Making politicians more accountable

MARK Nevill’s warning about the widespread, deep-rooted misuse of taxpayers’ money by politicians is most timely.

WA’s State MPs are in unofficial election mode with Premier Richard Court to call a poll early next year.

With early indications suggesting the Government and Opposition are fairly evenly poised, any allegation of politicians abusing their position, particularly by misusing taxpayers’ money, could have a profound affect on the result.

The media would ensure blanket coverage.

Mr Nevill, the former Labor member now an independent, was most perturbed by the misuse of electoral offices and facilities.

He said offices and facilities of Federal Members were used to help the campaigns of State members.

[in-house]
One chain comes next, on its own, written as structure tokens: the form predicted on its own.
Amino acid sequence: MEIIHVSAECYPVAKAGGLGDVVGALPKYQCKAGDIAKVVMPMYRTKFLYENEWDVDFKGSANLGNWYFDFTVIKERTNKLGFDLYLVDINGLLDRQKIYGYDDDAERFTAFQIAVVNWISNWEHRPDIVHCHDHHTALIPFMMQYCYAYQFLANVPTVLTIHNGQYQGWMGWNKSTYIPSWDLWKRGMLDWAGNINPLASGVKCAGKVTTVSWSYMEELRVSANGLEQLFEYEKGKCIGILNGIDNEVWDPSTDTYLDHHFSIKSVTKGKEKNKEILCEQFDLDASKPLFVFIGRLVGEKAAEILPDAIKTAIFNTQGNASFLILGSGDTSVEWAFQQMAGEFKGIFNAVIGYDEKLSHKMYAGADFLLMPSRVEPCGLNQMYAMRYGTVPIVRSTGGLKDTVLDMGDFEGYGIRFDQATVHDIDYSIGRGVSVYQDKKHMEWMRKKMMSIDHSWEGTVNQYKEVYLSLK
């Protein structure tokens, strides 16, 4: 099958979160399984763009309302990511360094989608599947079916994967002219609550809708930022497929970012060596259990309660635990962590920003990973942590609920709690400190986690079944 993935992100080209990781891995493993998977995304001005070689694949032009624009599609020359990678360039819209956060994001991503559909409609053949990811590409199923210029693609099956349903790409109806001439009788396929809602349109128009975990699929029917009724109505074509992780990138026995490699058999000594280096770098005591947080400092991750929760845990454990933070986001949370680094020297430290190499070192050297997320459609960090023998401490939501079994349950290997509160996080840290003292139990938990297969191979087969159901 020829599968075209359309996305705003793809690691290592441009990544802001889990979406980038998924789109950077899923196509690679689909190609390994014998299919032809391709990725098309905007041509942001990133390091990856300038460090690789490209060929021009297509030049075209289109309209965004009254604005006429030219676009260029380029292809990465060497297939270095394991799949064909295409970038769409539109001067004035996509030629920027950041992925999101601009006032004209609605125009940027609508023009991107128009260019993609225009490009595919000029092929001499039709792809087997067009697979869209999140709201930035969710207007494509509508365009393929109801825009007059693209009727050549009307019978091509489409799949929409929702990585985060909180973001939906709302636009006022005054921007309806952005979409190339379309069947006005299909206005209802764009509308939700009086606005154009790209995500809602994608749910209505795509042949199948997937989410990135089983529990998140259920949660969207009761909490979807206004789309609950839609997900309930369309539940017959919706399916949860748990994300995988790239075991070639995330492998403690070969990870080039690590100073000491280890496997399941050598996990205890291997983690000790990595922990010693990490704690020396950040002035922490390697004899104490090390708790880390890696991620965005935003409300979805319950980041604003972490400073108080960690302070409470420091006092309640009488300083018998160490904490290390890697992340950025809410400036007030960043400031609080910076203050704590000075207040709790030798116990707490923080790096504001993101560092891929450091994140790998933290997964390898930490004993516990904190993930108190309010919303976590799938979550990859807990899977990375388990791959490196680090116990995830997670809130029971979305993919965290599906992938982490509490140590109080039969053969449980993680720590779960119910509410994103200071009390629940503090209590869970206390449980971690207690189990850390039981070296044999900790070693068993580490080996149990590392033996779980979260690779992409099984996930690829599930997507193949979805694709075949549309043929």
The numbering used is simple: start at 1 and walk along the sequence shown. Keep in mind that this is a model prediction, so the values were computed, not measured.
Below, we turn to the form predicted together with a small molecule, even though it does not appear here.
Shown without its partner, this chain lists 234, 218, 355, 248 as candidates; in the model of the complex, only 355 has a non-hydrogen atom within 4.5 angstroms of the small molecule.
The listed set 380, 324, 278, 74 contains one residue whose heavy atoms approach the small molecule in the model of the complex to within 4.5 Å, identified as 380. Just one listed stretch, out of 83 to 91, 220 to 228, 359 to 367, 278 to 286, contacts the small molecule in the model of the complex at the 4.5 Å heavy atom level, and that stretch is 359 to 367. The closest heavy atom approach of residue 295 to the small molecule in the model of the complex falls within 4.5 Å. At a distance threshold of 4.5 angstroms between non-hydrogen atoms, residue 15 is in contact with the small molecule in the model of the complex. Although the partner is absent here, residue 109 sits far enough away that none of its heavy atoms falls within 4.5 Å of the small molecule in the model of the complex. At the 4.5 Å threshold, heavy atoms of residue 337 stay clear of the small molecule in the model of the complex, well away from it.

He also claimed branch stacking was not uncommon in WA.

He quite rightfully argues that the Electoral Commissioner or a political ombudsman should be given more power to investigate political parties.

Few would argue against making politicians more accountable.

This is particularly so when election campaigns and parties receive substantial funding from taxpayers – a point Mr Nevill believed many taxpayers would not be aware of.

The $50,000 phone card bill of Federal Liberal frontbencher Peter Reith is the latest example of taxpayers’ money being wasted – no matter who was at fault.

It is time politicians were made more accountable and their punishment decided by someone else than their party leader.

WA Ministers Doug Shave and Kevin Prince are two examples of politicians considered lucky to have retained their positions, let alone their portfolios.

The election will determine if voters show as much leniency as the Premier.

However, it would seem right that there was a means between elections to make our elected leaders more accountable for their actions.

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